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S'side students protest immigration proposals

Six arrested for trespassing

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Sunnyside students (L-R) Yuliana Alvarez, Araceli Espindola and Jasmin Sanchez lead a school walk-out this morning to protest U.S. immigration proposals.

Protesting U.S. immigration proposals, 78 Sunnyside middle school and high school students walked out of classes at about 9 a.m. today.

Students from the high school, as well as Chief Kamiakin and Harrison Middle Schools left classes despite warnings from staff posted at all entry ways and just outside the buildings.

The protest took an ugly turn when six students left the march and tromped on an asparagus field at the 2000 block of East Edison Avenue.

Sunnyside Police Sergeant Kent Coffman said the students damaged the field and were arrested. He also confirmed a report that one student had resisted arrest. He could not determine as of press time which of the students were of high school or middle school age.

"They were arrested for trespassing," he said this morning. "We're trying to get a hold of the parents." Coffman indicated the charges, which may include malicious mischief, will be brought forward to Yakima County Juvenile Court.

The protest began on Edison Avenue but spread to other areas, including Sixth Street in downtown Sunnyside and the Yakima Valley Highway.

The school district, which has 1,400 students in the high school and 5,000 total enrollment, felt it minimized student participation in the protest.

District spokesperson Julie Kaplicky said parents received a note yesterday informing them that the school district did not condone the walk out, and could not guarantee the safety of students participating in the walk-out.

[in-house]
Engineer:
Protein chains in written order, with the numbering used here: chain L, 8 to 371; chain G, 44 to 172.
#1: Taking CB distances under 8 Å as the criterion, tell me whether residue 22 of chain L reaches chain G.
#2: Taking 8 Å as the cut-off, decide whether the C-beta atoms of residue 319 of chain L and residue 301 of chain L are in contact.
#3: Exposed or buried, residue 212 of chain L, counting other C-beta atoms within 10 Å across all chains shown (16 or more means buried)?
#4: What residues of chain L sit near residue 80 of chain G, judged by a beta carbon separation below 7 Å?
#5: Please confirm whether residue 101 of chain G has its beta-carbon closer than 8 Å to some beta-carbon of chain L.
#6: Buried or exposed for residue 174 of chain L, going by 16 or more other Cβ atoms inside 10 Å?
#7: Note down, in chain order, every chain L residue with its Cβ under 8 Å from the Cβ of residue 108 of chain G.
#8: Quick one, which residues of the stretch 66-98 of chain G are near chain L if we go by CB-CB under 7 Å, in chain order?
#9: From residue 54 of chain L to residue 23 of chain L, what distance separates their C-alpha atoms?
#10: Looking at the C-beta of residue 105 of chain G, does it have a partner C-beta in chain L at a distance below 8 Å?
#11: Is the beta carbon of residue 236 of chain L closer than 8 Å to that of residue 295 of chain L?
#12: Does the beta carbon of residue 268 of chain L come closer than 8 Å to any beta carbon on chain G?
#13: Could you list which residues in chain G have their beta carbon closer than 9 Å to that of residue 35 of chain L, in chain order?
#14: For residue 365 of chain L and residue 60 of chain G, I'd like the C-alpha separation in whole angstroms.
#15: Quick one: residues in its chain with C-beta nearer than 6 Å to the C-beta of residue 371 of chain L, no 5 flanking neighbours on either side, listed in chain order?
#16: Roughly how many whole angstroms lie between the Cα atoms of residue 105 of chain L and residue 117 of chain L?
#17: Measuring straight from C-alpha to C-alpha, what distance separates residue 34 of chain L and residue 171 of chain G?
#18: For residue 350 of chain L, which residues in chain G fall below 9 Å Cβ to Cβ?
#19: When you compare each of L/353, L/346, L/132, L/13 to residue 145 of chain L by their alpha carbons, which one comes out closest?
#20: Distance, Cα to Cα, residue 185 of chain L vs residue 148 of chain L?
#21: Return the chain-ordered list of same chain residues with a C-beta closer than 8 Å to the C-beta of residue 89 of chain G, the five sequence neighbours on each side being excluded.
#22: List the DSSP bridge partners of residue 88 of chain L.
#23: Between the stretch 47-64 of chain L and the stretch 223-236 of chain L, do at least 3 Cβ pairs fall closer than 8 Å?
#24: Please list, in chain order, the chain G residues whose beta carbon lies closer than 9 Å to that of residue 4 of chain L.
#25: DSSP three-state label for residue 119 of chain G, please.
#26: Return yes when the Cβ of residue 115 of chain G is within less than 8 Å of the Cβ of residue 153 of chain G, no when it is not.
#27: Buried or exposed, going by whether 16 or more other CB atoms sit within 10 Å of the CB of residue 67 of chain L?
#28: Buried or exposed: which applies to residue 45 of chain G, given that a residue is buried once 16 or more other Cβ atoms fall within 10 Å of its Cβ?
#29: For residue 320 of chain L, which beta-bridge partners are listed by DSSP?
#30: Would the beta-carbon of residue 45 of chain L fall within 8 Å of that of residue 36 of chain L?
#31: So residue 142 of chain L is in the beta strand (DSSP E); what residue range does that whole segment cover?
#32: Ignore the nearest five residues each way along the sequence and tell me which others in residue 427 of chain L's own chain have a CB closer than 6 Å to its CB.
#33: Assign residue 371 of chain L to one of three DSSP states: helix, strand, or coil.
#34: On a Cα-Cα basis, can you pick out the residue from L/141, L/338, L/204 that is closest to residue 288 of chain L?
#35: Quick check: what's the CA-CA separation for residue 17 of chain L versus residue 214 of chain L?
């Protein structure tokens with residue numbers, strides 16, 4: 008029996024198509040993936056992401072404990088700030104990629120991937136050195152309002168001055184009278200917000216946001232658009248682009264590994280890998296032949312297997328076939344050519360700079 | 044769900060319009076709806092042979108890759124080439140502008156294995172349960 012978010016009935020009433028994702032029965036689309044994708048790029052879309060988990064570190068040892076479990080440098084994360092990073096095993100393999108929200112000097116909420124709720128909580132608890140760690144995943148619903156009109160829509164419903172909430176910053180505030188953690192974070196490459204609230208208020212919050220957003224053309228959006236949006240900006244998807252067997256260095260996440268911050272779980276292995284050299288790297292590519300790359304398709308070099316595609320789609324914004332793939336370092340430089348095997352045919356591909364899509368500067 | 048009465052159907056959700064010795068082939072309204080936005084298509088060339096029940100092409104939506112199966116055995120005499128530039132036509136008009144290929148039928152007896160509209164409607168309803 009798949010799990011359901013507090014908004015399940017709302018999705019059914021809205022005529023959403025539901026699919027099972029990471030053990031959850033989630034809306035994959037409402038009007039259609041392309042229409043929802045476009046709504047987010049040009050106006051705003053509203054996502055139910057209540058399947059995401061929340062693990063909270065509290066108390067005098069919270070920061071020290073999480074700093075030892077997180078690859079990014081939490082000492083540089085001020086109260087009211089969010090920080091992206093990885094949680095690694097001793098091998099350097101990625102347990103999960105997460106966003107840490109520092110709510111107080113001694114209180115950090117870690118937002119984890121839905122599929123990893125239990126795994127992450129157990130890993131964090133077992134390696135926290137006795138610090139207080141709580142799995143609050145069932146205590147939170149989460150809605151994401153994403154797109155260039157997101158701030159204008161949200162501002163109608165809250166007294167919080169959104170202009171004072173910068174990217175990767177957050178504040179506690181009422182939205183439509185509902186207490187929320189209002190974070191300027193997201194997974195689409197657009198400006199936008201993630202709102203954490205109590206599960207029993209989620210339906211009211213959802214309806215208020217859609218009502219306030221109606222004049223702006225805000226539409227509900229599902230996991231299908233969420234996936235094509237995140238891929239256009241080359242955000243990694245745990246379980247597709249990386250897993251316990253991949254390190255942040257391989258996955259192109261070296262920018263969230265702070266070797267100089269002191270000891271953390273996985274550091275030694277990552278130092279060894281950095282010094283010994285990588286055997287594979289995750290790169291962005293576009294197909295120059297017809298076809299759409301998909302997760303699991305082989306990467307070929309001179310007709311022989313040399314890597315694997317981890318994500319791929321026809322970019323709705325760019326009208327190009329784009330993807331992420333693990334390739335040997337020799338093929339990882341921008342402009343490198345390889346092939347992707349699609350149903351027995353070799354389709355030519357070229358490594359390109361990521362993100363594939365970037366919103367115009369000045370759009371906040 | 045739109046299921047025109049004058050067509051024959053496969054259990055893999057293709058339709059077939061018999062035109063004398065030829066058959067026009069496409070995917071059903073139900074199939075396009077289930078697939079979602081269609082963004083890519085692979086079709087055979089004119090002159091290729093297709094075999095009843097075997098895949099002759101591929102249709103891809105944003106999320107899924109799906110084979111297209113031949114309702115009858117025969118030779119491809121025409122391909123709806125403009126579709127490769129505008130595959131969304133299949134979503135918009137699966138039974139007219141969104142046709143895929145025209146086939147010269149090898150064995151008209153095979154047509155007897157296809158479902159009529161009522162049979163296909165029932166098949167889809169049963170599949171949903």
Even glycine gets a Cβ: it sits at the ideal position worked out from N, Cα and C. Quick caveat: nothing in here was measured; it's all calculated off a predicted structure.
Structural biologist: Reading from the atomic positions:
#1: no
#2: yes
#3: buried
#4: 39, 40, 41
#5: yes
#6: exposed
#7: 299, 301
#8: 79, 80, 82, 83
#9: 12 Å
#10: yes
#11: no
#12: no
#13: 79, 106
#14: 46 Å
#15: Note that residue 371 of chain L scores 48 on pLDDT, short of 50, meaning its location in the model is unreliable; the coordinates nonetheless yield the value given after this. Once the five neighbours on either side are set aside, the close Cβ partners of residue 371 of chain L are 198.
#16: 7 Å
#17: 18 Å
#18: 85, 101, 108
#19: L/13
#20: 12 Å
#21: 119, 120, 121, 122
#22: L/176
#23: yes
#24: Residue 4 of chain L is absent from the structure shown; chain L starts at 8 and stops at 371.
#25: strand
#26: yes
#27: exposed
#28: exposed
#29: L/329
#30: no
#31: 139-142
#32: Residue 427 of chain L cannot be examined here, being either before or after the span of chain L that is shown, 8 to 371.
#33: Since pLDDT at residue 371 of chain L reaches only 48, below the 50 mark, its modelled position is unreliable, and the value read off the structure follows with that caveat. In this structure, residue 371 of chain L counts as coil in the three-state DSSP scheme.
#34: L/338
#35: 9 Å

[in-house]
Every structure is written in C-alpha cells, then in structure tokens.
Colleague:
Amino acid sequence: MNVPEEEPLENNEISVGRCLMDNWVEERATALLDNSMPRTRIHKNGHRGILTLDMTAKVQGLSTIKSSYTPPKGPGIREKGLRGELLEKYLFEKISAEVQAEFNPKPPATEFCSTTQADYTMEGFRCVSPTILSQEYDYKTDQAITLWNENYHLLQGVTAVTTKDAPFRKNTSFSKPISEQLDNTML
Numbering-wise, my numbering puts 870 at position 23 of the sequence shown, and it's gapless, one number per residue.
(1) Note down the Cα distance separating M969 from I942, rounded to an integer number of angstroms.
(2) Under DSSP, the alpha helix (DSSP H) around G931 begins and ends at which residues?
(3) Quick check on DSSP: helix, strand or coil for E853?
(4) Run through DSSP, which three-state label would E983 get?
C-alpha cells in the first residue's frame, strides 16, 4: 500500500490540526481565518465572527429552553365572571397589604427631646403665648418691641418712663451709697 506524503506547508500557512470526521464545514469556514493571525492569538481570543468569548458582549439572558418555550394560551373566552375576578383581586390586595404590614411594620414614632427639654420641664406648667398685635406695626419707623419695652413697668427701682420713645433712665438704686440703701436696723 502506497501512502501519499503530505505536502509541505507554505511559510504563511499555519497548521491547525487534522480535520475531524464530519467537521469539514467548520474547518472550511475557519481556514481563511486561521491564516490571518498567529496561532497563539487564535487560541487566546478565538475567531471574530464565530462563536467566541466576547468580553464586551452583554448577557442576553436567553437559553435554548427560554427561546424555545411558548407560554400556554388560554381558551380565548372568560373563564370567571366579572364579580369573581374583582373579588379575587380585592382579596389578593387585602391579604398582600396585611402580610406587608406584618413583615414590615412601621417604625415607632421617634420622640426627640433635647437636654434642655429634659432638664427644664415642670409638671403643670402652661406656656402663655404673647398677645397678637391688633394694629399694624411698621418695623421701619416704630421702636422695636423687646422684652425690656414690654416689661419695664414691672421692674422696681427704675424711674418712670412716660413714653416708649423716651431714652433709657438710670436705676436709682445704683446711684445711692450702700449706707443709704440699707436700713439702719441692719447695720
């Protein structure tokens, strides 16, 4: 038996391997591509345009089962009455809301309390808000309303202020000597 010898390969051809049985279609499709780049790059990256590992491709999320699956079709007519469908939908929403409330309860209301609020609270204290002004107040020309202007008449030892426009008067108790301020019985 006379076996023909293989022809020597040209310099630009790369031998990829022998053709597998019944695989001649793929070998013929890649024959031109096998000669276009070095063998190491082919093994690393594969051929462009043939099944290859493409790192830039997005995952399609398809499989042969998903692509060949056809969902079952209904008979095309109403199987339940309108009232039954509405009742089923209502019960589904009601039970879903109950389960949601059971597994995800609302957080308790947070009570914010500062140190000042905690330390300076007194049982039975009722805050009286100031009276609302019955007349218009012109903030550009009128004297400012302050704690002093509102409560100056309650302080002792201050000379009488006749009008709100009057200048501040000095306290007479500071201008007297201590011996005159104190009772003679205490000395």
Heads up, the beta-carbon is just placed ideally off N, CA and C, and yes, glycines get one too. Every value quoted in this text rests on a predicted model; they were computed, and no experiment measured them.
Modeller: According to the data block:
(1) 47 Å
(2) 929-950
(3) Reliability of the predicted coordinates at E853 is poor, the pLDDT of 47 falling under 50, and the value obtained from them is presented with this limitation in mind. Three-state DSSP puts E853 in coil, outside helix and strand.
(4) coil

"Seventy-eight is not a huge number, many are choosing a letter writing campaign to Senator Maria Cantwell," said Kaplicky.

In response to the walk-outs, both middle schools had an external lock down, in which only the main entrance is available for re-entry.

Kaplicky explained the action was not to keep students in, but to keep track of those students who may return from the walk-out.

Further, attendance was taken during each class period to track those participating in the walk-out.

Kaplicky said the walk-outs will be treated as an unexcused absence, with detention possible in some cases.

In anticipation of this and future walk-outs, leadership students at the high school and Harrison spoke by phone with representatives from Cantwell's office. The session served to both inform the students, and provide encouragement for writing formal protest letters to the Senator, said Kaplicky.

A May 1 walk-out is also rumored and the district plans to further beef up preventative measures with a video presentation to students on details of the immigration proposal.

In addition, school libraries and facilities will be open extra hours before and after the school day to allow students to write letters of protest to Cantwell's office.

"We sympathize with the issues, but there are better things students could do; organizing after school or writing letters," Kaplicky said.

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